In our first reflection on Fat Souls, Adams-Farmer based on her reflection on S-I-Z-E ideas by Bernard Loomer. As we discovered in the last post, a Fat Soul is a beautiful soul characterized by its capacity for love, deep relationships and openness. Openness to new. Ideas, perspectives, levels of complexity, non-dual thinking without becoming defensive or losing themselves and their uniqueness in it all. A prime example of a Fat Soul is God – as the Soul of the world. We also reflected that it is about being towards more being – that it is about direction and not some abstract idea of perfection, understanding that each moment affords us the opportunity for tiny steps towards living deeper from our plumped Soul.
I think we are pretty clear about what we might mean as fat – contrary to the derogatory connotations of fat with thoughts of lazy or lethargic, having a Fat Soul refers to a well-nourished, fit soul as opposed to an emaciated, under-nourished soul.
Have you ever met those folks who are really into rigorous 'healthy' eating, and when you look at them, they are gaunt, ribby, sunken cheeks and frail-looking? This is a metaphor of a skinny soul – those who don't get enough depth of soulful experience – instead they graze along the ditches of consumer pop culture, avoiding depth, pain, and discomfort at all costs, therefore, experiencing little of substance to provide the deep sense of joie de vie – the deep sense of joy, peace and well-being. These skinny souls have no fat of life to draw on during challenging seasons of life. The COVID 19 Pandemic has demonstrated this.
But what are we to make of this idea of Soul in the context of Fat Souls?
Patricia Adams-Farmer shares an insight from Process thinker Robert Mesle from his work entitled "A Soul is Not a Thing: A Process Relational Wedding." Mele writes:
"I am a philosopher, let me tell you a great secret of life—a soul is not a thing, it is not something which stands untouched by the events of your life. Your Soul is the river of your life; it is the cumulative flow of your experience. But what do we experience? The world. Each other. So your Soul is the cumulative flow of all of your relationships with everything and everyone around you. In a different image, we weave ourselves out of the threads of our relationships with everyone around us."
"Your soul is the river of your life." The cumulative flow of your experiences." Let’s take a minute and sit with this.
The River of Life and the confluence of all your experiences of and in the world, with each other, its share of joys and sorrows, victories and failures and loss. Employing another metaphor, we weave the tapestry of our souls through the threads of these relationships and experiences. As I type this, I reflect on my journey, and I think of those ratty old juke strands, binder twine and barbed wire kind-of-threads.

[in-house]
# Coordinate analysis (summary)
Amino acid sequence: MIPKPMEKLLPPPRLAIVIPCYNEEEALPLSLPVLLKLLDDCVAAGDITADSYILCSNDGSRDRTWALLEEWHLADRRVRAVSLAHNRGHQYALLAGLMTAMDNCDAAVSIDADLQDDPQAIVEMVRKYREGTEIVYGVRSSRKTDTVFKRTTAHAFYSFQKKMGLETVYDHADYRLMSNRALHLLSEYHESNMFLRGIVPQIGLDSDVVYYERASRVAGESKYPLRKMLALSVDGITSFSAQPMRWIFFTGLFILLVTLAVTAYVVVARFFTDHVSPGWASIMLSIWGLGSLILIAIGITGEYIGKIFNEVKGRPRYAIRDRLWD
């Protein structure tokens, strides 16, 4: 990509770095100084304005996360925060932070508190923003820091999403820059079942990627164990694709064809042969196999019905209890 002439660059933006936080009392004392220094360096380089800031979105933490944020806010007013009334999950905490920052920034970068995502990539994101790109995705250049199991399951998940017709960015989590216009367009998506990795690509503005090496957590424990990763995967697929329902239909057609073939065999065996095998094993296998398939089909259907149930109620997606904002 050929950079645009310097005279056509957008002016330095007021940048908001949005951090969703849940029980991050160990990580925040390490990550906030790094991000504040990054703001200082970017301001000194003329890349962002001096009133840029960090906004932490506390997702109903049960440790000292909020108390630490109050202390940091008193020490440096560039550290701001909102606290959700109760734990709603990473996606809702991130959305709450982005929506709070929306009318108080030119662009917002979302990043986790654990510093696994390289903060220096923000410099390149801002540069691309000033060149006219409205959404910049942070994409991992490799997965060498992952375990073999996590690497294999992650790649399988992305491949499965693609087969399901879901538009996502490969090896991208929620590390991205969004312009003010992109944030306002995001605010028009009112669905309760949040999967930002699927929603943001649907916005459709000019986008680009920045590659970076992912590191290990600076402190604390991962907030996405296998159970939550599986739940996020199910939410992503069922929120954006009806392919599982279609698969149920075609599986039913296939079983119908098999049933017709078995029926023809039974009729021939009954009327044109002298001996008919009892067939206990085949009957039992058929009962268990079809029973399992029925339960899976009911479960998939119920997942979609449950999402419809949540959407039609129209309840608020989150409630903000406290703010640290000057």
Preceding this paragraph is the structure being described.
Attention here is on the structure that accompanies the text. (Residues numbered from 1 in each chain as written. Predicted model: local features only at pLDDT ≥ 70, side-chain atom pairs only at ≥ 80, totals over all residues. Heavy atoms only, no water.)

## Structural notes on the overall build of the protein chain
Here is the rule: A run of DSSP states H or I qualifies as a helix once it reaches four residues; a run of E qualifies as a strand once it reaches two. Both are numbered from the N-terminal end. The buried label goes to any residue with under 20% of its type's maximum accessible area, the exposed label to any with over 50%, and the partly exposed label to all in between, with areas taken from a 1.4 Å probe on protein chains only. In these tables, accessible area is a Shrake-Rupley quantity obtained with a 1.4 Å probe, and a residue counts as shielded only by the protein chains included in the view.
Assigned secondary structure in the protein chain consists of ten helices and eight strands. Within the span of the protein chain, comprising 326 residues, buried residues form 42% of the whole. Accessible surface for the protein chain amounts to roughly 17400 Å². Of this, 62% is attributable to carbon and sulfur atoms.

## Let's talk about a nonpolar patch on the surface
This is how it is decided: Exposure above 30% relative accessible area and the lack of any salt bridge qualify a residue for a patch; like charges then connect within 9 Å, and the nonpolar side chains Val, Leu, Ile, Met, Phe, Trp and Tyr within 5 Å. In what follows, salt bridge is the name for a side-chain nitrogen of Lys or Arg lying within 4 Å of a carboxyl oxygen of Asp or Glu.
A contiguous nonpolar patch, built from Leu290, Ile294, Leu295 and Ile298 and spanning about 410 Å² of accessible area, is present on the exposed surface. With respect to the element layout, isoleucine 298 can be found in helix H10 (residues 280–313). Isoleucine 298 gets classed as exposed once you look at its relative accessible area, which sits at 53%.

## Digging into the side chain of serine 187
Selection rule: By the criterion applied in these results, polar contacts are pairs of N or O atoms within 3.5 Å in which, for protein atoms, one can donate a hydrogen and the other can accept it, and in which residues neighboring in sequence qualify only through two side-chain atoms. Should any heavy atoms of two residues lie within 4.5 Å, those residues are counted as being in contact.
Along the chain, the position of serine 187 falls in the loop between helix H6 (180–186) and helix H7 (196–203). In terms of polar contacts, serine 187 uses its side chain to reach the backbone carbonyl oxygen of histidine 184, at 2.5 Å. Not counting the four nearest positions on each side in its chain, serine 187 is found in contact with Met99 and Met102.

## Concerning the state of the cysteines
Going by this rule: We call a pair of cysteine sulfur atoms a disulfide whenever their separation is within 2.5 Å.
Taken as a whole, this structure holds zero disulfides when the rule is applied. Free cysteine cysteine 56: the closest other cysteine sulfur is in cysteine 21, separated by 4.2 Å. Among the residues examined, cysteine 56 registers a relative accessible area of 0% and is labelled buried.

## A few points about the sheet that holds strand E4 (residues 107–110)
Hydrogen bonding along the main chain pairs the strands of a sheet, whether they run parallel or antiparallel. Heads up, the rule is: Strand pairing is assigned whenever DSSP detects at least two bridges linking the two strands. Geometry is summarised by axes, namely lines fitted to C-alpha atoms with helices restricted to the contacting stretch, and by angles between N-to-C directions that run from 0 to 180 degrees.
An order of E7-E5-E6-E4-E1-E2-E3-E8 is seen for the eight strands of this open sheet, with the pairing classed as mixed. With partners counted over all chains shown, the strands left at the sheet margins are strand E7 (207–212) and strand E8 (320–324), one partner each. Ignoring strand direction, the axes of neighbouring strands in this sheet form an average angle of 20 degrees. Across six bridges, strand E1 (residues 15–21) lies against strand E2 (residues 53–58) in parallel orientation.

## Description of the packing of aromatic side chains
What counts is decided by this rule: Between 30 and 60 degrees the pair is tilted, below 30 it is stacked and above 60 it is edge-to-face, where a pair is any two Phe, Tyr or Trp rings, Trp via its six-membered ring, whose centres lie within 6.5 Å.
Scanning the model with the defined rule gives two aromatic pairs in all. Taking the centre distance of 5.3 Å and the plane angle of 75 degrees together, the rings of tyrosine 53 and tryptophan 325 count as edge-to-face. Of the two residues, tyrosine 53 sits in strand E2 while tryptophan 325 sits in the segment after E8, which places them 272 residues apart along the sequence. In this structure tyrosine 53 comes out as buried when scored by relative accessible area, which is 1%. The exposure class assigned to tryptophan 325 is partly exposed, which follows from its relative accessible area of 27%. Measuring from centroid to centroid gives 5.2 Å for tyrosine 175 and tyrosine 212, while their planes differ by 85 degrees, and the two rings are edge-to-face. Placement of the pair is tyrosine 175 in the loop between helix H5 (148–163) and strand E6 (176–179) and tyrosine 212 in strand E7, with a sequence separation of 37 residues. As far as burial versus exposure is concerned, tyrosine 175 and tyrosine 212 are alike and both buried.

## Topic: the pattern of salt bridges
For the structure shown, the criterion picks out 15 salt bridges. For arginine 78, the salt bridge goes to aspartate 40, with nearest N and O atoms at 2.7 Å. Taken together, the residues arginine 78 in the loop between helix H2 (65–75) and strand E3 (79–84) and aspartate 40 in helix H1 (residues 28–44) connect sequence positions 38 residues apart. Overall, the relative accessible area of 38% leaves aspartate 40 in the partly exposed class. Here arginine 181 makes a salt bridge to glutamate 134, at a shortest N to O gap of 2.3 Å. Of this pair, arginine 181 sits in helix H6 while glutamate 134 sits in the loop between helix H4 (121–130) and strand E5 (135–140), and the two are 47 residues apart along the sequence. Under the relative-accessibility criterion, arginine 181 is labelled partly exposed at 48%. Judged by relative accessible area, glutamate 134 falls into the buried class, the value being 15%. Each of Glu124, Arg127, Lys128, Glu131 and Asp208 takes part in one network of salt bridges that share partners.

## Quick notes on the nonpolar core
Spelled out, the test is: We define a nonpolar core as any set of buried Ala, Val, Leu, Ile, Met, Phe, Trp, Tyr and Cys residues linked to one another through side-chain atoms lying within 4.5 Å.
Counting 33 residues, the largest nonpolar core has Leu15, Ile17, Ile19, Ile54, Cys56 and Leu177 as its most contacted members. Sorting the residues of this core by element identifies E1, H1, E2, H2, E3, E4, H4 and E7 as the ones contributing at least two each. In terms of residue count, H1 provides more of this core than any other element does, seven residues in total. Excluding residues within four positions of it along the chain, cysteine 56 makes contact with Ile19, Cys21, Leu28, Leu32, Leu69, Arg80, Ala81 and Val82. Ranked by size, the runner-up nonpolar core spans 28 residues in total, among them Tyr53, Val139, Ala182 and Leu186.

There have been times I have wondered how these could possibly make for a lovely tapestry of my Soul. It is here that I reflect on the ideas of Viktor Frankl. Frankl was a psychologist, founder of Logos Therapy and a Holocaust survivor. Of the many wonderful nuggets of insight, the one that revisits me most is the idea that barb wire moments happen in every life; Frankl's challenge reminds us that we are never completely powerless, for, in every situation, we can choose how we are going to respond to each situation. This choice might be to just survive. It might be to choose to forgive, to heal, to make whole. It might be the choice to get back up and press onward.
I think many of the best, heroic kinds of choices we make with the help of the loving presence of God let's us integrate the juke, binder twine and barbed wire into the tapestry of our Soul in such as way that we grow – that even that which was meant for our destruction is reshaped to squeeze every ounce of good from it, for us. This is what love does. In the scheme of a whole life, on a soul that grows, gets fat, there is a particular fecundity, a particular beauty these harsh experiences contribute.
Genuine beauty is the whole of a life - the good, bad and ugly - lived in the divine milieu of Love. It is not the exclusion of the painful but its inclusion and eventual redemption.
When we see our soul as the confluence / threads of all our relationships with the world, each other, God, and with ourselves; and your choices to include and transform each moment, this is a recipe for a very lovely Fat Soul.
What is Fat Soul Philosophy? - Open Horizons. https://www.openhorizons.org/what-is-fat-soul-philosophy.html